HealthDay News — Smoking 1 cigarette per day is still associated with a significant increased risk of coronary heart disease and stroke, according to research published online in The BMJ.

Allan Hackshaw, PhD, from Cancer Research UK in London, and colleagues quantified the risk of coronary heart disease and stroke associated with light smoking. The relative risks were pooled in a meta-analysis; 55 publications with 141 cohort studies were included in the meta-analysis.

The researchers found that the pooled relative risk for coronary heart disease was 1.48 and 2.04, respectively, for smoking one and 20 cigarettes per day for men, using all studies, and 1.74 and 2.27, respectively, in studies in which the relative risk [RR] was adjusted for multiple confounding variables. 

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For women, the corresponding RR were 1.57 and 2.84 for one and 20 cigarettes per day, and 2.19 and 3.95, respectively, after multivariable adjustment. Men and women who smoked 1 cigarette per day had 46% and 31%, respectively, of the excess RR of smoking 20 cigarettes per day (53% and 38%, respectively, using RR adjusted for multiple variables). For stroke, the excess risk associated with one versus 20 cigarettes per day was 41% and 34% for men and women, respectively (64% and 36%, respectively, using relative risks adjusted for multiple variables).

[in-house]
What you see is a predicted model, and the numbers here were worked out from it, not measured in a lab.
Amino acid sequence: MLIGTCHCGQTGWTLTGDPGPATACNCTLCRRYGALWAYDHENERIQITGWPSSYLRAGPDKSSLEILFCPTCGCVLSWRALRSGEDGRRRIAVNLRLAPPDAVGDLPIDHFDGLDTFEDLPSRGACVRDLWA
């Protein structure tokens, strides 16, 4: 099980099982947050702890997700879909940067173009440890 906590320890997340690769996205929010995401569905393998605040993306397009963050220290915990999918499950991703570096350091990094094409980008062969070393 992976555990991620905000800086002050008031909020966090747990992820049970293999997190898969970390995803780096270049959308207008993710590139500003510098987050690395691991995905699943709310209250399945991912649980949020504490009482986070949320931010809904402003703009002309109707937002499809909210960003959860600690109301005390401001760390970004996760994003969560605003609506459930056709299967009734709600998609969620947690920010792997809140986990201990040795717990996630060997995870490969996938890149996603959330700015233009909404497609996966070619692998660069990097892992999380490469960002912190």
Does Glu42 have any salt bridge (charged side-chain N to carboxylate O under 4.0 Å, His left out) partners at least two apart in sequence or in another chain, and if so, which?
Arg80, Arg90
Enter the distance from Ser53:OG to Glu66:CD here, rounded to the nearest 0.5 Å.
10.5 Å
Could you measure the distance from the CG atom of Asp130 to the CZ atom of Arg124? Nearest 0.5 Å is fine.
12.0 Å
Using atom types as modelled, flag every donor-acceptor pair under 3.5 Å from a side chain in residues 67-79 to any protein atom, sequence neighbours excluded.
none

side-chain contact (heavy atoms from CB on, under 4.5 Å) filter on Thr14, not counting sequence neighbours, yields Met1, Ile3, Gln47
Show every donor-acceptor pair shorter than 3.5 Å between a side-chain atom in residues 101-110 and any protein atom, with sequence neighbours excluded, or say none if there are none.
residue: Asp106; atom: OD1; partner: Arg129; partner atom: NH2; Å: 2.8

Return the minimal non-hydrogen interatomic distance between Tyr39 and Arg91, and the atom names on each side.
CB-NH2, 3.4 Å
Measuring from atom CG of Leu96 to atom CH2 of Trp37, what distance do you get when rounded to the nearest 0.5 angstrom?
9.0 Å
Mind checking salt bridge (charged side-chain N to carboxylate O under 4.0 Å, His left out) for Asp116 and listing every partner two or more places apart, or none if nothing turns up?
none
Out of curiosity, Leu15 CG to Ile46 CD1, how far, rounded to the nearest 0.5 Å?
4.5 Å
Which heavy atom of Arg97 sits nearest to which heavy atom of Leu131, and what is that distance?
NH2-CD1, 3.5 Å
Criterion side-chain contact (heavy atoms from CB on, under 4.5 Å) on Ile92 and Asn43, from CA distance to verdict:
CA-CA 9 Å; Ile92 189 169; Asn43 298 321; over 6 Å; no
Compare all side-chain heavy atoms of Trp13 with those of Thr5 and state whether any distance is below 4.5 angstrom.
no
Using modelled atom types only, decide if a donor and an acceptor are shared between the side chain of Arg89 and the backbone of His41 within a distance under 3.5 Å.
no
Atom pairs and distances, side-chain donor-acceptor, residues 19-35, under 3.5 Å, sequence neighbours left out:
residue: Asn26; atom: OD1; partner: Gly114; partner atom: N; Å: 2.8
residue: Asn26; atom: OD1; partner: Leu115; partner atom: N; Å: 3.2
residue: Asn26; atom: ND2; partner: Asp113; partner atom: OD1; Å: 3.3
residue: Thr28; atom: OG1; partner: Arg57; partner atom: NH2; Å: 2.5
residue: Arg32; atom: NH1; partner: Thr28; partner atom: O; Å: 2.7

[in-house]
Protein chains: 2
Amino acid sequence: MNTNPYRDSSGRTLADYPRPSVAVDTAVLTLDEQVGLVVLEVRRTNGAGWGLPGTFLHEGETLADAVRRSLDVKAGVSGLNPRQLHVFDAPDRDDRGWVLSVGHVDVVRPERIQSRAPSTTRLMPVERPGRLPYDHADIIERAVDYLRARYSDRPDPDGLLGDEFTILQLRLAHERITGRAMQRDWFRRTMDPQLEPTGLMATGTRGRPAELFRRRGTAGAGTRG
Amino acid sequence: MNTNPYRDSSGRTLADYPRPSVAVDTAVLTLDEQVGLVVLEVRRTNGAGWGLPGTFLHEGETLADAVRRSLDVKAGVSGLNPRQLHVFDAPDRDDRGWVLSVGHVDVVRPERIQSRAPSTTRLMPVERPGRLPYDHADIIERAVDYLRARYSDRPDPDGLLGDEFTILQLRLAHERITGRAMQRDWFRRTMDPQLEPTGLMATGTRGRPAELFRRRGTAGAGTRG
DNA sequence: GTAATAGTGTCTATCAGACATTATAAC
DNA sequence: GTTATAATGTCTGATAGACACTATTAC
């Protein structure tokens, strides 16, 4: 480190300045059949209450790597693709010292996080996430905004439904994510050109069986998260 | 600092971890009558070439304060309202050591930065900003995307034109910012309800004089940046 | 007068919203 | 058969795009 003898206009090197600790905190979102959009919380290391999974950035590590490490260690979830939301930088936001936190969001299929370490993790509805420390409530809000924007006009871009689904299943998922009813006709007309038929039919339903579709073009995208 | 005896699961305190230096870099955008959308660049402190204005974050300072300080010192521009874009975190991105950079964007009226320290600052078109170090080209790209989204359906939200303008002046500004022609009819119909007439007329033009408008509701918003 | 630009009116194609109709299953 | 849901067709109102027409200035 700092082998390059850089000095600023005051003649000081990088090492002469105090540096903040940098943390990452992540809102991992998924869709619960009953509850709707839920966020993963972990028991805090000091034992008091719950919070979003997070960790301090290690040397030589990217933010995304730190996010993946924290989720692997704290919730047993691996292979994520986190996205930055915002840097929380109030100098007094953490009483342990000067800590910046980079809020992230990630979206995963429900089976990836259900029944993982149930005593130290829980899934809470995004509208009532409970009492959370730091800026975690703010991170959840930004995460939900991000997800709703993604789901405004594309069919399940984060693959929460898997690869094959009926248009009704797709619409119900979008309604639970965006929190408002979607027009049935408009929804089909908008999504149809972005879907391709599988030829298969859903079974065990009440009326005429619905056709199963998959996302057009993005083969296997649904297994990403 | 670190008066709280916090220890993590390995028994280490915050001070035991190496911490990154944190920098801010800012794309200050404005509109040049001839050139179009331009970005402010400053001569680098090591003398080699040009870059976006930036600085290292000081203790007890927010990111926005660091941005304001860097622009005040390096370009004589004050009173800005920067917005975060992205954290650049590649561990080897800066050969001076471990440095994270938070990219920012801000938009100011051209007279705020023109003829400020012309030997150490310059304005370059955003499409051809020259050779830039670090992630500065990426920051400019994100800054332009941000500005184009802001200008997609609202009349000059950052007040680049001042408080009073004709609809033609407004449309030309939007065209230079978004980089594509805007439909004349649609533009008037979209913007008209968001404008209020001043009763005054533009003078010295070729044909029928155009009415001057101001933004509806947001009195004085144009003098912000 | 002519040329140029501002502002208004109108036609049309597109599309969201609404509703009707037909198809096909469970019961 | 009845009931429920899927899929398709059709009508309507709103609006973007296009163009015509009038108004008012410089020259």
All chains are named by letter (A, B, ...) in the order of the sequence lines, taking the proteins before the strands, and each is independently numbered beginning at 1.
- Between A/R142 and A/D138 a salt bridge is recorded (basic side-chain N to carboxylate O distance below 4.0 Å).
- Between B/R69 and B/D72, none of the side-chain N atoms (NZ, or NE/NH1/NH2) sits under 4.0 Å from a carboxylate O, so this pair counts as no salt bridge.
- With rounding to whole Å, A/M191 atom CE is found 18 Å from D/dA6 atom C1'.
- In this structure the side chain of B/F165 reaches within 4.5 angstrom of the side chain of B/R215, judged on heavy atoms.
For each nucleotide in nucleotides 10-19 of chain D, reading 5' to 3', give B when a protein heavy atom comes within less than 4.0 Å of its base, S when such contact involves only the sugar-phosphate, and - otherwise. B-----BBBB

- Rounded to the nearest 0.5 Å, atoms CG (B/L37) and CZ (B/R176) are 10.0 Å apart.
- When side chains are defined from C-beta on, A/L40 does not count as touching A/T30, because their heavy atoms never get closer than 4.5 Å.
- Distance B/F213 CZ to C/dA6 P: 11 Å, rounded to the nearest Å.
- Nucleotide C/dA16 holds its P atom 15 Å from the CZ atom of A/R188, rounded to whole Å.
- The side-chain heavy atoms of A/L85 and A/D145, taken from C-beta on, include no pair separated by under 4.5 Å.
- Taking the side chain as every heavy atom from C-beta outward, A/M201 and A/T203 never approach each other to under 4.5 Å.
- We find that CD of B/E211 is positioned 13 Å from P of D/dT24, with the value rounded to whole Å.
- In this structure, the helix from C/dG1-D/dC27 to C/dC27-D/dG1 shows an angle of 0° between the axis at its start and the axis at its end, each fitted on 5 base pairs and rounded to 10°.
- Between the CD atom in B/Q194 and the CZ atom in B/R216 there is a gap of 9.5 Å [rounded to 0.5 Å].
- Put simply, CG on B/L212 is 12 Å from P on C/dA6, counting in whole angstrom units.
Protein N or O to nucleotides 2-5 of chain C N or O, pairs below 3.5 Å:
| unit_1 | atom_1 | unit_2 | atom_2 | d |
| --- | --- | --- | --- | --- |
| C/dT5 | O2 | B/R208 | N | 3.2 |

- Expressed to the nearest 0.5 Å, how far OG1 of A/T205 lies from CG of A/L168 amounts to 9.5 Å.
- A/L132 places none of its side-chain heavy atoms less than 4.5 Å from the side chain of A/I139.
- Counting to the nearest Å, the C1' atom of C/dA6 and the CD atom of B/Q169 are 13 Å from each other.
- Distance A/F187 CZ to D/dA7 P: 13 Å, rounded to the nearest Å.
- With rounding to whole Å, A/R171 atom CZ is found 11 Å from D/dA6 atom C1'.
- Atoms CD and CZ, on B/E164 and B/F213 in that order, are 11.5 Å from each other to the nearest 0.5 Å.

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“Smoking only about 1 cigarette per day carries a risk of developing coronary heart disease and stroke much greater than expected,” the authors write.


Hackshaw A, Morris JK, Boniface S, Tang JL, Milenković D. Low cigarette consumption and risk of cornary heart disease and stroke: meta-analysis of 141 cohort studies in 55 study reports. BMJ. 2018;360:j5855.